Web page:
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ANALYSIS

Gas resources boost Saudi’s energy efficiency

Davos, Switzerland, January 21, 2014

Energy efficiency and diversity of fuel mix are rational choices; and there are countless examples and good practices that can be found around the globe, added Khalid Al-Falih, president and chief executive officer of Saudi Aramco.

He was speaking ahead of the World Economic Forum set to open tomorrow (January 22) in Davos, Switzerland.

With that in mind, efficiency and diversity become key aspects of energy policy in many countries around the world, irrespective of their resource endowment, he noted.

“Looking at Norway as an example of a major oil and gas producer – the third largest exporter of energy after Russia and Saudi Arabia – the country has actively promoted investment in renewable energy and energy efficiency through a dedicated government agency,” Al-Falih said.

“Similarly in Australia, another resource-rich country endowed with coal and natural gas, support for the development of renewables and energy efficiency has been enhanced through mandatory renewables targets, feed-in tariffs and energy efficiency regulations.

“Looking closer to home in the Arabian Gulf region, the UAE imposed a mandatory rating system for construction of energy efficient buildings in Abu Dhabi, and created a free zone dedicated to the development of green technologies and energy conservation in Dubai,” he added.

“Like those examples, and many more, Saudi Arabia recognizes the importance of energy efficiency and ensuring a sustainable and diversified energy mix. This becomes of higher importance to us with the high pace of growth we are experiencing. Saudi Arabia has been able to sustain high economic growth rates over the past decade, which contributed to an unprecedented increase in demand for energy,” Al-Falih highlighted.

Saudi Arabia registered higher economic growth in 2011 and 2012 than any other member of the G20 with the exception of China. Robust growth is forecast to continue as the country pursues an ambitious agenda of raising living standards for its citizens, diversifying the economic base, creating sustainable jobs and enhancing the competitiveness of the economy while sustaining our natural resources.

However, diversifying our economic base from a dependence on crude oil exports should not be construed as turning away from leveraging the Kingdom’s “energy advantage”, Al-Falih pointed out.

“In fact, manufacturing investments that add value and create jobs will continue to be a main pillar in the Kingdom’s economic development,” he said.

Delivering safe, secure and environmentally sustainable energy to foster this growth is of paramount importance. Saudi Arabia is pursuing a diverse set of demand-side and supply-side options to meet this challenge.

On the demand side, a Saudi Energy Efficiency Center (SEEC) was established to roll out energy efficiency measures in industry, transport and buildings. In particular, SEEC has already established minimum standards for air conditioning units in a bid to reduce the growth of peak energy demand.

On the supply side, the National Power and Water efficiency programme is driving efficiency improvements in existing plants and developing a long-term plan based on an optimum fuel mix consisting of conventional natural gas, liquid hydrocarbons and renewables. Currently, natural gas accounts for almost 50 per cent of power generation, which is higher than figures observed in developed nations such as the UK and the US.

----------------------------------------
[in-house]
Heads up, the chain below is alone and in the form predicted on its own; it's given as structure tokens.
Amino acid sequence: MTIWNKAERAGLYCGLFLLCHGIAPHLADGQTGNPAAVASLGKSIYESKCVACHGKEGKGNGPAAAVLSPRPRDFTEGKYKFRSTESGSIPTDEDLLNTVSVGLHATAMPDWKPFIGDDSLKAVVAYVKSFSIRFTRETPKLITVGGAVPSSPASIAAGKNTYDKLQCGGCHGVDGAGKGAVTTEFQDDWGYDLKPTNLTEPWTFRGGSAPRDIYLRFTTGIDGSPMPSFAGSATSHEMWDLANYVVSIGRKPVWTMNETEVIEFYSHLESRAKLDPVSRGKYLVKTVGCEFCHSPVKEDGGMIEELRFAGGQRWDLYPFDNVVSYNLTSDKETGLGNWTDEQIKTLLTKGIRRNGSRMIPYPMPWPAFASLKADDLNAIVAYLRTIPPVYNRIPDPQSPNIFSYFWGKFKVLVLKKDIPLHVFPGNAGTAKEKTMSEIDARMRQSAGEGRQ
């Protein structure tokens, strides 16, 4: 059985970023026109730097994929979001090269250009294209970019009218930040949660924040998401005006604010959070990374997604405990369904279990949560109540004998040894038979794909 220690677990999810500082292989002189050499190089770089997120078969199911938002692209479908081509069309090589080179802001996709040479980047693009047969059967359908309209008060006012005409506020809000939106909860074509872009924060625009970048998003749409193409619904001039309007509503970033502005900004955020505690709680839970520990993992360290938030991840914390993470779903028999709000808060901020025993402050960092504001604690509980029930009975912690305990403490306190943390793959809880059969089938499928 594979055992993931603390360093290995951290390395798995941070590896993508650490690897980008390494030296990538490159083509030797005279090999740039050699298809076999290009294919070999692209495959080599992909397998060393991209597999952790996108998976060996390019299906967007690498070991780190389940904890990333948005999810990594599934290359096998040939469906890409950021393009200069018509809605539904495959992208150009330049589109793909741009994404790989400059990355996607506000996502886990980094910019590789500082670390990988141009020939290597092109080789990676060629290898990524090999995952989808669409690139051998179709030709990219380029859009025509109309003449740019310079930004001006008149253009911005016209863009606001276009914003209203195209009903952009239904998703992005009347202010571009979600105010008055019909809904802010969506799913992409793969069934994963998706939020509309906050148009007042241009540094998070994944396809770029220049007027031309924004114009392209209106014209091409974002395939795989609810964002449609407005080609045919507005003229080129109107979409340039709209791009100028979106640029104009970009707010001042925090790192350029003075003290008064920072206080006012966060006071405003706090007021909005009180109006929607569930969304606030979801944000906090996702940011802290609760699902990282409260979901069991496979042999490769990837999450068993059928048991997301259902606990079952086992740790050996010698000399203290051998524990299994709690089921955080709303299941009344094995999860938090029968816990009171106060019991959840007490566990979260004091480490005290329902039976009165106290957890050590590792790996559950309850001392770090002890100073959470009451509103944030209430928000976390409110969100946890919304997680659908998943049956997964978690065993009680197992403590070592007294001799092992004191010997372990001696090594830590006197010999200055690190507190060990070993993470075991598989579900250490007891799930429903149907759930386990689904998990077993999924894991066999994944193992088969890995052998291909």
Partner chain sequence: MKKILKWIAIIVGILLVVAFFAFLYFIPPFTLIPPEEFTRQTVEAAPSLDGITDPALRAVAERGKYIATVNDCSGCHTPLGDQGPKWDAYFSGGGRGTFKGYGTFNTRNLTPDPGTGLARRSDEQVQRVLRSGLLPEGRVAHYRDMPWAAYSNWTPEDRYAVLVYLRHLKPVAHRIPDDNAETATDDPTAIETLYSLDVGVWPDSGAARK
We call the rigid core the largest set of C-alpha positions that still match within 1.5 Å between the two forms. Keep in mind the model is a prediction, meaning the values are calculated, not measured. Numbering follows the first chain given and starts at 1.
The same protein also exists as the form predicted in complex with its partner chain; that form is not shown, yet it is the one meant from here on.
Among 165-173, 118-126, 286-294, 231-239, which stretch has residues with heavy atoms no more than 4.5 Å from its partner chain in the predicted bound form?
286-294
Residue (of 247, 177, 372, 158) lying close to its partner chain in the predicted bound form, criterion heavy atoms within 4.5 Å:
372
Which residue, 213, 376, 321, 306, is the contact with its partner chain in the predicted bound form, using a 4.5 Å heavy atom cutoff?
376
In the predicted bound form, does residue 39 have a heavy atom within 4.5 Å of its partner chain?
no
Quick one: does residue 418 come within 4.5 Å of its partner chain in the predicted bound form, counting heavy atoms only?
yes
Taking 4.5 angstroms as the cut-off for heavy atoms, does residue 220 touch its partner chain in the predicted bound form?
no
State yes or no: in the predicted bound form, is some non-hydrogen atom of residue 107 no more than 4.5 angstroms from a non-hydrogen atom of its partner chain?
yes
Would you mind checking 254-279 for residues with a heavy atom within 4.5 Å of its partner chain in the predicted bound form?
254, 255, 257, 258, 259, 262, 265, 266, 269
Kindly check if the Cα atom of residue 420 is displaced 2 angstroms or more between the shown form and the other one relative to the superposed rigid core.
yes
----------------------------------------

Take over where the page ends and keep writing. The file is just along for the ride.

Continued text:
Moreover, promising unconventional gas discoveries in Saudi Arabia will further increase the percentage of gas in power generation, thus further improving generation efficiency while meeting our future energy demands.

“Saudi Aramco, as a major contributor to the economy and a major energy user in its own right, is a leader in efforts to improve energy efficiency. This is demonstrated through the significant actions undertaken in all its operations,” said Al Falih.

“On average, since the year 2000, the company has been able to achieve 2 per cent annual reduction in energy intensity in industrial facilities, which resulted in savings of around 130 thousand barrels per day of oil equivalent. This was realized through various initiatives such as cogeneration, retrofitting industrial equipment and process enhancements.

“Furthermore, our cogeneration facilities provide an additional layer of reliability to our critical infrastructure, while complementing the overall efficiency improvement of the country’s power system.”

In addition, the company recently launched its own “lead-by-example” programme to improve energy efficiency in its nonindustrial facilities, targeting a minimum of 35 per cent improvement by 2020.

“As highlighted earlier, good practices in energy efficiency and diversity can be found in many countries around the world, irrespective of their resource richness,” Al-Falih said.

“Therefore, from Saudi Arabia’s perspective, as we progress in the development of our energy policy, we will continue to draw upon lessons learned from our own experience as well as from the international community, in order to drive a continuously competitive and prosperous economy. Saudi Aramco will continue to play a key role in these endeavours.” – TradeArabia News Service




Tags: Saudi Arabia | World Economic Forum | energy efficiency |

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